Monday 14 December 2009
Walt Staton was dropping off water jugs for people who attempt the often deadly trek into
On Friday December 4th, an Arizona District Court judge told Walt Staton, a 28 year-old seminary student, that he might be facing 25 days in a federal prison. His crime was "knowingly littering" along the U.S.-Mexico border.
One day last December, Staton and a friend named Victor Ceballos, loaded 70 plastic water jugs into the back of a truck and drove from
Staton and Ceballos are volunteers for a group called No More Deaths, which offers humanitarian aid to those trying to cross the Mexico-Arizona border. Volunteers hand out water bottles and socks; they provide food and basic medical care. These actions carry risks of their own; in July 2005, two No More Deaths volunteers were charged with multiple felonies for driving three travelers to get medical care. Their case was eventually dismissed.
When it comes to the water bottles, volunteers are precise; they monitor each drop-off point to see if they've left too many or too few and they pick up any debris. "We put the water jugs right on the trail. So you can't miss them. Because a lot of people walk at night," Staton explained in a phone interview with AlterNet.
"We hear stories from people about how they were literally crawling on the ground and thought they were going to die and came across gallon jugs of water and were able to live."
It was ten days before Christmas when Staton and Ceballos were almost finished with their route. "We were dropping off 70 bottles total over five different locations," Staton recalled. The second to last spot that day was the
Staton wears dark-rimmed glasses and speaks with hushed restraint, as if handling an oversensitive microphone. He says that as they were leaving the site, a law enforcement agent and border patrol officer pulled them over. Staton, Ceballos, and two University of Arizona students, who were researching a term paper on No More Deaths, received tickets for littering.
Staton faced a 12-person jury in June. "The defendant left full plastic water jugs on the refuge with the intent to aid illegal immigrant traffic," the
Ceballos and the students had their charges dismissed, but Staton was found guilty. He was sentenced to 300 hours of community service and was forbidden from entering the refuge for a year. Staton decided to appeal. "I still can't conceive of this as being a crime," Staton says. "I'm not asking the judge to lessen the community service. I'm letting her know that I'm not going to do it at all. Not one hour, not 300 hours. I'd like to see the court stand up for international human rights."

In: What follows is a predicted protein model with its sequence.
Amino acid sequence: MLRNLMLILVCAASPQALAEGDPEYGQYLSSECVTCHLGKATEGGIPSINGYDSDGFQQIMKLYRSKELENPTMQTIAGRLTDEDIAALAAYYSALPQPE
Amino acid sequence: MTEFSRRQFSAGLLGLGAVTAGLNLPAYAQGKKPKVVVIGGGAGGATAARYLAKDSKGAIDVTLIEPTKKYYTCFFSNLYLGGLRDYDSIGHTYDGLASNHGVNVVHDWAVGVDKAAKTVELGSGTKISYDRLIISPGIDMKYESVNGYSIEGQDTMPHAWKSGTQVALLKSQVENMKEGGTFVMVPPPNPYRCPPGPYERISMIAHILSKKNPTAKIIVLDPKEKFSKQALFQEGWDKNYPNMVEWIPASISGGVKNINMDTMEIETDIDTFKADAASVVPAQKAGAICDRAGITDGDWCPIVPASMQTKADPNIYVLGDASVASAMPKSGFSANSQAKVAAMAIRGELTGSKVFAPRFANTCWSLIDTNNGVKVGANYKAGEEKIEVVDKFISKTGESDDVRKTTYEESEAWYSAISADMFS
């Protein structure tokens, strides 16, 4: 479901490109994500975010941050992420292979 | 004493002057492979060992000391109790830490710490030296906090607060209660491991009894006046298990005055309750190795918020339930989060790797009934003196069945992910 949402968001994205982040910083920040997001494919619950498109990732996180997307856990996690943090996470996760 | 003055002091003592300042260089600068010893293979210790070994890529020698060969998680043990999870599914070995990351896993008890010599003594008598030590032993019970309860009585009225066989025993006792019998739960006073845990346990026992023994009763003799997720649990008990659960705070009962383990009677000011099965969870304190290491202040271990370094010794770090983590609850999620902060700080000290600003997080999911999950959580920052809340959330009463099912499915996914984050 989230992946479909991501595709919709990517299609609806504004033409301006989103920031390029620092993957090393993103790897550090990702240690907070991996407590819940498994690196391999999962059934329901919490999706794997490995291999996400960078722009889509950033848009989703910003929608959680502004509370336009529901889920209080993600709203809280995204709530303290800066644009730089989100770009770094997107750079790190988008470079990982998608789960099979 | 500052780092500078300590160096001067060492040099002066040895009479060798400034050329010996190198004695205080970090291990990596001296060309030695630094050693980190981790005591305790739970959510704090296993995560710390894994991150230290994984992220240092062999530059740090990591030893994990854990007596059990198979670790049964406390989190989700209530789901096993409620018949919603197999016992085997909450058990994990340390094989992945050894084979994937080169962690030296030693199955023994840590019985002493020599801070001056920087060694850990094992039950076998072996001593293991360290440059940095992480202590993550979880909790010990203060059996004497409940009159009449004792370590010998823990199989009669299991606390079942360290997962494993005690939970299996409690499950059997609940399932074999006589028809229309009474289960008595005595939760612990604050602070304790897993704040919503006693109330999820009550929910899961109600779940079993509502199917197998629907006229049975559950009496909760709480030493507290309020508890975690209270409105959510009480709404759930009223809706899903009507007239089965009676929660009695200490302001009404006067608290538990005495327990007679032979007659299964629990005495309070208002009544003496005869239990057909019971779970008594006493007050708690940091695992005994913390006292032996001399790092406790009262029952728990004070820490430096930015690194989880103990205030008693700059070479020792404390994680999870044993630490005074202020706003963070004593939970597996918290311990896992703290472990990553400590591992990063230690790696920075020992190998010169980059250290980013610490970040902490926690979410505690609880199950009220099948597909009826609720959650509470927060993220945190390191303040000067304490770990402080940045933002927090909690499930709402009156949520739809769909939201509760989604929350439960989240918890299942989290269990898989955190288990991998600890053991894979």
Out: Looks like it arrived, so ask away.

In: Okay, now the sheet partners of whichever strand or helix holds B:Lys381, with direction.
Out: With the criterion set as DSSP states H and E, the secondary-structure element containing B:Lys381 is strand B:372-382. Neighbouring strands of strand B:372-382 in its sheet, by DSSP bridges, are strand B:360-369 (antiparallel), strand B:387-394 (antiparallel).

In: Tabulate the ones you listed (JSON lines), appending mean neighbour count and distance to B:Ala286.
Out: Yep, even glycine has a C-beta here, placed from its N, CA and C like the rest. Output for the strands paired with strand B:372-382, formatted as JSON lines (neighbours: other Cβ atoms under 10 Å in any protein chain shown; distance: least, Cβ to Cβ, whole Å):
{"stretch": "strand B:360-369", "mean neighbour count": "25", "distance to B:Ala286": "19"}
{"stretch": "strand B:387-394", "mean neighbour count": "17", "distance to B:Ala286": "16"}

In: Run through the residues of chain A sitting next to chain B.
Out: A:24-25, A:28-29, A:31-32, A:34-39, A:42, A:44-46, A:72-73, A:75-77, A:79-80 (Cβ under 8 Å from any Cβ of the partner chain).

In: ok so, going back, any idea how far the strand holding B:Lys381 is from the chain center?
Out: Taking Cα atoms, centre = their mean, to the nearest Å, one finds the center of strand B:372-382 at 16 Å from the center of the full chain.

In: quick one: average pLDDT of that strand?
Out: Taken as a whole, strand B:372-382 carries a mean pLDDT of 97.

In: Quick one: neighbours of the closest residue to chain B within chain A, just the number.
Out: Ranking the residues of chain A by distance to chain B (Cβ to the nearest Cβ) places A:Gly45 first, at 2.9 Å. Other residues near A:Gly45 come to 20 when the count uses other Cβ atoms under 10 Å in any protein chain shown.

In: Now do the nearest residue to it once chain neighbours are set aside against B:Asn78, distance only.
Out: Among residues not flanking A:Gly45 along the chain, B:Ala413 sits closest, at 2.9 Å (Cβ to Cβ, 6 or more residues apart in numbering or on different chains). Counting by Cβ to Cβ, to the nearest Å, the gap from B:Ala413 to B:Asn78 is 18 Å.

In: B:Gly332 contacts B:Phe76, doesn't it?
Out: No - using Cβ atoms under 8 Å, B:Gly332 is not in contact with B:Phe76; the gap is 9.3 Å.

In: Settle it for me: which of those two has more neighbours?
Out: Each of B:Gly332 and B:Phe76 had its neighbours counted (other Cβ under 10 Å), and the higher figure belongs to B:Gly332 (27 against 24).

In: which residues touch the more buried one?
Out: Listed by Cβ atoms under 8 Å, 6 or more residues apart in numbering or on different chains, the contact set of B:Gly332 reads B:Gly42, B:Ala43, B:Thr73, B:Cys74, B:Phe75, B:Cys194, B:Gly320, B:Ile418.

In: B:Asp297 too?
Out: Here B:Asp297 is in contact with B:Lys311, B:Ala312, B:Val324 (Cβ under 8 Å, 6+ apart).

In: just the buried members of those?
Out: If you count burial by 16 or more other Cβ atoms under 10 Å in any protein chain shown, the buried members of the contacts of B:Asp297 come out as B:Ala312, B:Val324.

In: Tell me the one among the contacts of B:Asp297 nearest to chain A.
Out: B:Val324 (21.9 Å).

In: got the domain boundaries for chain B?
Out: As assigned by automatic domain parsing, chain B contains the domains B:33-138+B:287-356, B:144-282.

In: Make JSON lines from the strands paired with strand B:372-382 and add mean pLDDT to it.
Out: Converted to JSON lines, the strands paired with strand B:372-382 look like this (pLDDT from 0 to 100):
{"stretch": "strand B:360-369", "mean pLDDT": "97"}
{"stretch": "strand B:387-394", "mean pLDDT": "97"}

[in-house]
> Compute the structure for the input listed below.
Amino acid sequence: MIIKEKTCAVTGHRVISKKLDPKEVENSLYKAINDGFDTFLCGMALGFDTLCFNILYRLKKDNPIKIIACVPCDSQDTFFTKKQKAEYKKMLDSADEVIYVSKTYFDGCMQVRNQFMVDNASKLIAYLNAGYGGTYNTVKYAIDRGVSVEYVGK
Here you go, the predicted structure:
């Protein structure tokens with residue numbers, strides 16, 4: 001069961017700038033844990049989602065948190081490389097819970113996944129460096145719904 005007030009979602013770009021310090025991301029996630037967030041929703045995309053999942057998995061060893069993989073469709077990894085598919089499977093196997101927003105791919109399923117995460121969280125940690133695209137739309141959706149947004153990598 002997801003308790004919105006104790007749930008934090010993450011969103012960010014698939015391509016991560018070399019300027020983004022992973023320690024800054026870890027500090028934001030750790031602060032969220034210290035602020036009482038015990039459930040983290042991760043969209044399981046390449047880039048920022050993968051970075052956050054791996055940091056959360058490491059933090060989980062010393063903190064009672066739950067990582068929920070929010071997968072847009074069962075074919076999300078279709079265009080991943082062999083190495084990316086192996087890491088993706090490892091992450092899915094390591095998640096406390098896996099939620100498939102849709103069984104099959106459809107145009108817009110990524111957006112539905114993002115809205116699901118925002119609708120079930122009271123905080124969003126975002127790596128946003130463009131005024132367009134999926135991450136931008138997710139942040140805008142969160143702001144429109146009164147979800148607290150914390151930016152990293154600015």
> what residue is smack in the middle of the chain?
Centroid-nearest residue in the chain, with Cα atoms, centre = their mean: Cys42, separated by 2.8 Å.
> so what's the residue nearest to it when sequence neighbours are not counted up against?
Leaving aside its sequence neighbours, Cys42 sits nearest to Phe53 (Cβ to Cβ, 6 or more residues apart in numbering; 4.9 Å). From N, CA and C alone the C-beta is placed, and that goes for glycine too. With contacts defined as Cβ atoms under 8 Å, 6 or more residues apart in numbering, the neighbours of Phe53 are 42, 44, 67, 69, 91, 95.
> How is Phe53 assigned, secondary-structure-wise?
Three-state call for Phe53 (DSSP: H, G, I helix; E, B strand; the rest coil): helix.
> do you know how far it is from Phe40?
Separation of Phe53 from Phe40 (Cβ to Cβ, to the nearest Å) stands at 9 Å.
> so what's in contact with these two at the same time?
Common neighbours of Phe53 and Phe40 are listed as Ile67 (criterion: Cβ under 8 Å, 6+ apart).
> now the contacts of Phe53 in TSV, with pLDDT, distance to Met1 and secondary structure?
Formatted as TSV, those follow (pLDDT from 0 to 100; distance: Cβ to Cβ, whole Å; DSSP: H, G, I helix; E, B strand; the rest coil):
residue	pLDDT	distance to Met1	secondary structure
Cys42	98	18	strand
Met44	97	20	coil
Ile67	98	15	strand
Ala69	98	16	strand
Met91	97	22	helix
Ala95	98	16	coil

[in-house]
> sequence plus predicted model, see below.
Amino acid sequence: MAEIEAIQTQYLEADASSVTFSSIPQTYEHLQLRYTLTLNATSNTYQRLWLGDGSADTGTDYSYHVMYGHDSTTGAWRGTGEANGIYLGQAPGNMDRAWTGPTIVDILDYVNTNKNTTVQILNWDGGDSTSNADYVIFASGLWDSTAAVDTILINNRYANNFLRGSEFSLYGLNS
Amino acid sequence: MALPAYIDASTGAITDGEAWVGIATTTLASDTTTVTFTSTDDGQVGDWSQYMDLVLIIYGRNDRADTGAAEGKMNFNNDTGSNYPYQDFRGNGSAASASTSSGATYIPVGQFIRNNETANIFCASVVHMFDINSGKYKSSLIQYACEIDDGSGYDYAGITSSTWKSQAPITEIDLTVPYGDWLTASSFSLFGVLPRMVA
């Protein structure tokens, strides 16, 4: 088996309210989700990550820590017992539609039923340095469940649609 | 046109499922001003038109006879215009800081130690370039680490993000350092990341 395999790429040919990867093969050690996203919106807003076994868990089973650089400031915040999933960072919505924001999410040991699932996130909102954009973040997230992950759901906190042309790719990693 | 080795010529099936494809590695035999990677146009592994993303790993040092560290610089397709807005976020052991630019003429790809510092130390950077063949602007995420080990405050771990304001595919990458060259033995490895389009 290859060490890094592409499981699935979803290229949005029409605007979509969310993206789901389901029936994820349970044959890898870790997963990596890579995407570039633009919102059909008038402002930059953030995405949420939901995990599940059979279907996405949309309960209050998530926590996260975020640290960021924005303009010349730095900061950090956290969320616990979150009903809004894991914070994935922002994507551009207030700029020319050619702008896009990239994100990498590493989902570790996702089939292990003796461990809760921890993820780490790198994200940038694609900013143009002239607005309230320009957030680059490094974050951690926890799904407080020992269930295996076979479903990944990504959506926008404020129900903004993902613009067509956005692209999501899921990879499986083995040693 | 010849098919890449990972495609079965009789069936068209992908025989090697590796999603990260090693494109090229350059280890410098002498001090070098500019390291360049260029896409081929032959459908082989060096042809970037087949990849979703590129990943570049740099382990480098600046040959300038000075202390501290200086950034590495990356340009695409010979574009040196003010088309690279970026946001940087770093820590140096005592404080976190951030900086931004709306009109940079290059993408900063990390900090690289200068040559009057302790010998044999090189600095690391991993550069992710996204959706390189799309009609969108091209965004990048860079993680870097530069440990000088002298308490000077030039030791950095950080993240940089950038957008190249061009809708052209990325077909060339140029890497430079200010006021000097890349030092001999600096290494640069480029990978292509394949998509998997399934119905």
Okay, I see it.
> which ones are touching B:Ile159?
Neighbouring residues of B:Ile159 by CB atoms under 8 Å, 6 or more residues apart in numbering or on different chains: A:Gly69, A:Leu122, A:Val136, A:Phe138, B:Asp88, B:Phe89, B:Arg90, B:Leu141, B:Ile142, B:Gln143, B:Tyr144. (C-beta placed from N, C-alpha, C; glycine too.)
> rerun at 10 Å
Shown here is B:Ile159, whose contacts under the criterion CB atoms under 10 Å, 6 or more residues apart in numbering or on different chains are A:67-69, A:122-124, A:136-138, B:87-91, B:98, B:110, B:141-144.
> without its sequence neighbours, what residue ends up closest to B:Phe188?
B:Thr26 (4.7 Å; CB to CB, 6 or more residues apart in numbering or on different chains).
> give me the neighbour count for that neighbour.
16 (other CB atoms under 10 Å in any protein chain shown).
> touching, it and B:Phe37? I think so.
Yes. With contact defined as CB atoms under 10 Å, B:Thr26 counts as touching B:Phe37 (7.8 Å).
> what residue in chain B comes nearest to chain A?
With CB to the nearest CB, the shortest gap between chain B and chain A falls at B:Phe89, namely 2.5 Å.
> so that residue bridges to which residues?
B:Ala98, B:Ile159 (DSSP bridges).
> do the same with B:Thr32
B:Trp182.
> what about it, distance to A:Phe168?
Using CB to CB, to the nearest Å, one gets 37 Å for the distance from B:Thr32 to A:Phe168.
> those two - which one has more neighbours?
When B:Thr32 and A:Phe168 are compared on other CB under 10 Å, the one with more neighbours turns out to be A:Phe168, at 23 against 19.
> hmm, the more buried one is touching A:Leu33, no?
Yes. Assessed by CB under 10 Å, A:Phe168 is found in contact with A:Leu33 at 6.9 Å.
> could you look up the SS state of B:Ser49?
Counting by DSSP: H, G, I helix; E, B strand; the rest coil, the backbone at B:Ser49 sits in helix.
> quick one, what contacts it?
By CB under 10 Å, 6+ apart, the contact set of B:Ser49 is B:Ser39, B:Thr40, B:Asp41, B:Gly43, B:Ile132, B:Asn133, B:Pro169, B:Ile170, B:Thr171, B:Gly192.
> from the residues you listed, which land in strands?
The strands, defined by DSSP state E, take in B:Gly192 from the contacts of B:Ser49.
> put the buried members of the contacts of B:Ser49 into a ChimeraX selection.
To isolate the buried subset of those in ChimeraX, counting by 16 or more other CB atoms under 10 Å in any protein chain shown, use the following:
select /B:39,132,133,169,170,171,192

In a letter to Judge Jennifer Guerin, Staton explained his reason for appealing the case and for not complying with his sentence. "My decision to place sealed gallon jugs of water along trails used by migrants to cross remote areas of the Sonoran desert should be understood as an attempt on my part to uphold international human rights law, specifically the right to life," he wrote. He cited three reports -- by the ACLU and the Inter-American Commission on Human Rights -- accusing the
"Humanitarian aid is never a crime" is No More Death's tagline. The phrase is printed on their website, on their posters, and t-shirts. They do not consider their work to be civil disobedience -- that would require intentionally breaking the law -- but implicit to their efforts is the belief that international human rights law supersedes U.S. homeland security concerns, not unlike the legal argument for forbidding waterboarding or shutting down Guantanamo. "We don't think Walt committed any crime by putting out fresh clean jugs of pure water to save human lives on the refuge," Bill Walker, Staton's attorney has said.
AlterNet spoke to Staton on Thursday, the day before his resentencing hearing. He was in a break between classes and said he was feeling "pretty optimistic" about his case. It wasn't clear whether to believe him or whether he just has a strong distaste for drama, particularly when he is at the center of it. At the end of our conversation, I told him I'd get in touch with him following his hearing the next day. "Hopefully," he responded and let out a nervous laugh.
On Friday, the day of his resentencing hearing, No More Deaths volunteers gathered outside the courthouse. They had set up 206 cardboard gravestones along the side of the building -- marking the number of migrant deaths in the desert this year. A woman wearing a headdress and frayed black and white pants stomped to the beat of a tambourine. Staton addressed the crowd. "I'm here to offer an invitation. I'm inviting this court to take an opportunity to reconsider the sentencing against me and their overall stance on how they treat humanitarian workers and migrants."
The hearing lasted 20 minutes; Judge Guerin denied his request to modify or suspend his sentence and threatened Staton with 25 days in federal prison for disobeying court orders. Judge Guerin will hear his appeal on December 21st, when the final sentence will be issued. No More Deaths has started organizing a letter writing campaign to Ken Salazar, the U.S. Secretary of the Interior, and to Arizona District Attorney's office.
A couple of days after the hearing, Staton was back at school in
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"The master class has always declared the wars; the subject class has always fought the battles. The master class has had all to gain and nothing to lose, while the subject class has had nothing to gain and everything to lose--especially their lives." Eugene Victor Debs